Publisher: William Morrow Paperbacks
Publication Date: March 19, 2013
Publication Date: March 19, 2013
Review: Daniel Hunter is no stranger to lost causes. In fact, there was a time, not too long ago, when he himself was seen as a lost cause. His mother was a junkie, so he spent most of his childhood dependent upon the state to place him in proper care. He always felt a constant need to look after his mother, even sacrificing his own needs for her benefit.
But then he went to live with Minnie. At first, he treated her like all the other foster parents, eager to leave and return to his mother. But there was something different about Minnie. A widow who lost her husband soon after the shocking death of her only daughter, Minnie seemed just as damaged as he was. Soon, the two formed a bond, and Daniel finally seemed to find a home.
Then the betrayal happened. While Daniel was beginning his studies as a law student, he discovered a secret that Minnie had kept from him. This information was simply too much to handle. Suddenly Minnie changed from a loving mother figure to just another person who betrayed his trust. In that moment, Daniel vowed never to speak to her again, and to create his future on his own.
Fast forward a few years, and Daniel is a successful solicitor working in London. His own troubled background has provided him with the unique ability to defend troubled youth. After the unexpected death of an eight-year-old boy, found dead in a playground, he is called to defend the eleven-year-old neighbor, Sebastian Croll, accused of murdering the other boy. Instantly, Daniel feels a connection to Sebastian. The young boy is surprisingly aware of his situation, and consistently declares his innocence. But there is something unsettling about the boy. He seems strangely fascinated with the details of the other boy's death, and displays an unusual interest in topics that most would find disturbing.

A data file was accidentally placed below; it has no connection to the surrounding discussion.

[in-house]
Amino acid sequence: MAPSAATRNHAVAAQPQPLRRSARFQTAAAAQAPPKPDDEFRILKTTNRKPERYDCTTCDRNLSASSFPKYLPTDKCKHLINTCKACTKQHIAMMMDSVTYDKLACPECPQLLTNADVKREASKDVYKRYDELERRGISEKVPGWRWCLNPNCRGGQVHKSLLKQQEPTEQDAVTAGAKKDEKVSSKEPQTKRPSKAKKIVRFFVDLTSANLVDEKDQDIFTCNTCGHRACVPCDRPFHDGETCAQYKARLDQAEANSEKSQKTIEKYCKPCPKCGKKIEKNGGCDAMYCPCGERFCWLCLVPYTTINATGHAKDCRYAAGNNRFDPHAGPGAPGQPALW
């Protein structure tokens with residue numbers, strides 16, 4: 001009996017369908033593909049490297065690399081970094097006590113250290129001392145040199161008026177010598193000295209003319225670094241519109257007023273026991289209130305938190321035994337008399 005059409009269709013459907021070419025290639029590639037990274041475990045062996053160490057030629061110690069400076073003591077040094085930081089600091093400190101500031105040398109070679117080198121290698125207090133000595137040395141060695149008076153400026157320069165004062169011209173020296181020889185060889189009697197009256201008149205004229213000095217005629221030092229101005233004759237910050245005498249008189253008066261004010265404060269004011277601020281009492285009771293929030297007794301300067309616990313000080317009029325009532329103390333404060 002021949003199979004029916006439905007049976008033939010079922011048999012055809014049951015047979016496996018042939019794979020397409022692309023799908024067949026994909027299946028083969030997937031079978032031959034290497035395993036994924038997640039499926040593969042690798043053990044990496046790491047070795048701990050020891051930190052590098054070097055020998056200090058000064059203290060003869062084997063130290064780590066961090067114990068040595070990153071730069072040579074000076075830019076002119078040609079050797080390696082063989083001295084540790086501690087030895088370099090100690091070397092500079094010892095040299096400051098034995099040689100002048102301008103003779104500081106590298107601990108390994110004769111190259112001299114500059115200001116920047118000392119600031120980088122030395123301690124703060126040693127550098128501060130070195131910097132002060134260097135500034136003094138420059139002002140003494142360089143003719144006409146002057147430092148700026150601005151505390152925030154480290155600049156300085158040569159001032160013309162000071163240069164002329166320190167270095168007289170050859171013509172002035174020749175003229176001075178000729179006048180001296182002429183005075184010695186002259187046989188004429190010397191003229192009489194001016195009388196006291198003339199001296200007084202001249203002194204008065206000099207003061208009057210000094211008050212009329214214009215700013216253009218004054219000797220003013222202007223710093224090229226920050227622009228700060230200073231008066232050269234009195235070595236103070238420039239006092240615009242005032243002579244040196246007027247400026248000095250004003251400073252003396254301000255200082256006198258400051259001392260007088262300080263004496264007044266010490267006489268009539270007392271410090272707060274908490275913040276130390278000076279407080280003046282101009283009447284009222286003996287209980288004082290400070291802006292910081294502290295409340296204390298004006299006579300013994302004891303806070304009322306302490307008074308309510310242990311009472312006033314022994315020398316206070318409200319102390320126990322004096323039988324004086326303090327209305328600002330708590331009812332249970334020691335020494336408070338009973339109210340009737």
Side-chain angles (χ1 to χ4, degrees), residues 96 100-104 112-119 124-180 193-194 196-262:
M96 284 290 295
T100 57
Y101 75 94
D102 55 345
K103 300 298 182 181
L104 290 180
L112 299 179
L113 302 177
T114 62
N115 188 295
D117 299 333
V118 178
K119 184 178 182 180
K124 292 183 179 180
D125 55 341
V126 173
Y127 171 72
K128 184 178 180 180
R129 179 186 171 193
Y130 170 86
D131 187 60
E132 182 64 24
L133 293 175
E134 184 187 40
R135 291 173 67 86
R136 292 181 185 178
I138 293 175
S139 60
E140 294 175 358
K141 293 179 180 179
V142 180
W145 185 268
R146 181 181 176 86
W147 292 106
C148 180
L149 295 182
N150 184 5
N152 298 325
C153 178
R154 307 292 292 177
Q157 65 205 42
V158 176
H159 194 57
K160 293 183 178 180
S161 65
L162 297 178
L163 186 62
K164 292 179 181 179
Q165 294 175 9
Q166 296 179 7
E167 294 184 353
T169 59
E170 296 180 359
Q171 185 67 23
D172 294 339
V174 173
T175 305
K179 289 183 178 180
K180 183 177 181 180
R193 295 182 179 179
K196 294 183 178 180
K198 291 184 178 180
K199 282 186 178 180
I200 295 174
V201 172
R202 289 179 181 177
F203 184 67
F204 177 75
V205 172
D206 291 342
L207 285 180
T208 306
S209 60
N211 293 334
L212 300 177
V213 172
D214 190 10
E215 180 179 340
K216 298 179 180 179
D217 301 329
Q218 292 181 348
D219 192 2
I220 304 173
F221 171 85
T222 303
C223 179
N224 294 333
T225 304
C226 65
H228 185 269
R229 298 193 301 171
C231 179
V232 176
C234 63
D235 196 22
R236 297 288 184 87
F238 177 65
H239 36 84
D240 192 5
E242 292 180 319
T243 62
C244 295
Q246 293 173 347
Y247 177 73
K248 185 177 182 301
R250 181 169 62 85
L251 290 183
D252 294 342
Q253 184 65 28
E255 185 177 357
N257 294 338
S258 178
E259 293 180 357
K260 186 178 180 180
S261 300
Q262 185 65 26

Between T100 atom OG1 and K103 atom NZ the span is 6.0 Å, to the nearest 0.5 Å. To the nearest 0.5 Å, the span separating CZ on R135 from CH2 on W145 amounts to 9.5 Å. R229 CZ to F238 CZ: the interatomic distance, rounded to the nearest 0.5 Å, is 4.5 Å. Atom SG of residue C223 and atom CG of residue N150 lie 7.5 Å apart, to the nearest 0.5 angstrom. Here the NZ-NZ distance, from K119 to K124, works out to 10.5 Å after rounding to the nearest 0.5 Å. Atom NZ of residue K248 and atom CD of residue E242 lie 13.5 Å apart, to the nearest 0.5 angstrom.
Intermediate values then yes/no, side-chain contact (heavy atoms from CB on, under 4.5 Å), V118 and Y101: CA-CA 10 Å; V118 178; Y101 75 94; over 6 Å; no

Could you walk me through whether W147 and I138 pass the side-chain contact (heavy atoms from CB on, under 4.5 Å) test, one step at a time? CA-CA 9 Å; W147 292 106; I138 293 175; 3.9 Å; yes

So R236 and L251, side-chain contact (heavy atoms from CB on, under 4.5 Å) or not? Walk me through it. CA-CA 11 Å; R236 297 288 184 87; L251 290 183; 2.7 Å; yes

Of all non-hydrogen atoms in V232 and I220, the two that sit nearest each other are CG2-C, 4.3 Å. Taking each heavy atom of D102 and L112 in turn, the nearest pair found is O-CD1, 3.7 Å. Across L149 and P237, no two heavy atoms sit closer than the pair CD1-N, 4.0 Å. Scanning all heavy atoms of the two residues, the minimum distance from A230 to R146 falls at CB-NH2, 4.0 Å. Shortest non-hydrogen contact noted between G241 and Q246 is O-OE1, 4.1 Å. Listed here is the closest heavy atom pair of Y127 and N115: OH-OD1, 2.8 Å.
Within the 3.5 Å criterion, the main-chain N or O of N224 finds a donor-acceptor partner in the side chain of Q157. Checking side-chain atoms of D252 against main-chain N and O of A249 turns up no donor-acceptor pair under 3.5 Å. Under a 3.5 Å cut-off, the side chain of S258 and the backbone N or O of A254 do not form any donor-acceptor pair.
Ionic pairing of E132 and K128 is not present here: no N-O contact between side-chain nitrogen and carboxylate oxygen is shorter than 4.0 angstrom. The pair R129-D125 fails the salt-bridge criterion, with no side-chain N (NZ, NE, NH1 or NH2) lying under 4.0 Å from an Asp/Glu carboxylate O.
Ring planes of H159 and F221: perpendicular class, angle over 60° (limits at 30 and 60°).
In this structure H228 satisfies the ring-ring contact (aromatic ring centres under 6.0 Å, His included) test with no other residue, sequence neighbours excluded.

Despite this, Daniel agrees to defend Sebastian. Immediately, the media latches on to the story, shining a light not only on the lives of the victim and accused, but on Daniel as well. As the case begins, Daniel learns of the death of Minnie. Now, as he embarks on arguably the most important case of his career, Daniel finds his past colliding with the present, forcing him to remember his past actions, and atone for his own personal guilt.
In The Guilty One, author Lisa Ballantyne has crafted a genuine story of believable characters facing the harsh realities of our time. She calls into question the practices of juvenile trials, and the effects such events have on the mental and physical health of those involved. Each chapter alternates between the present events of the trial Daniel's personal flashbacks. In doing this, Ballantyne lets to story slowly unfold, maximizing both the suspense as well as character development. She beautifully creates connections between the past and present events, bringing and inevitable coherence to the entire narrative. Despite the often unpleasant subject matter, especially in the details of the small child's death, I felt emotionally connected and moved by the characters and events that unfolded. The ending, while not necessarily expected, left me satisfied and craving even more time with the characters that a grew close to. This is an exceptional novel of emotional depth and lingering suspense.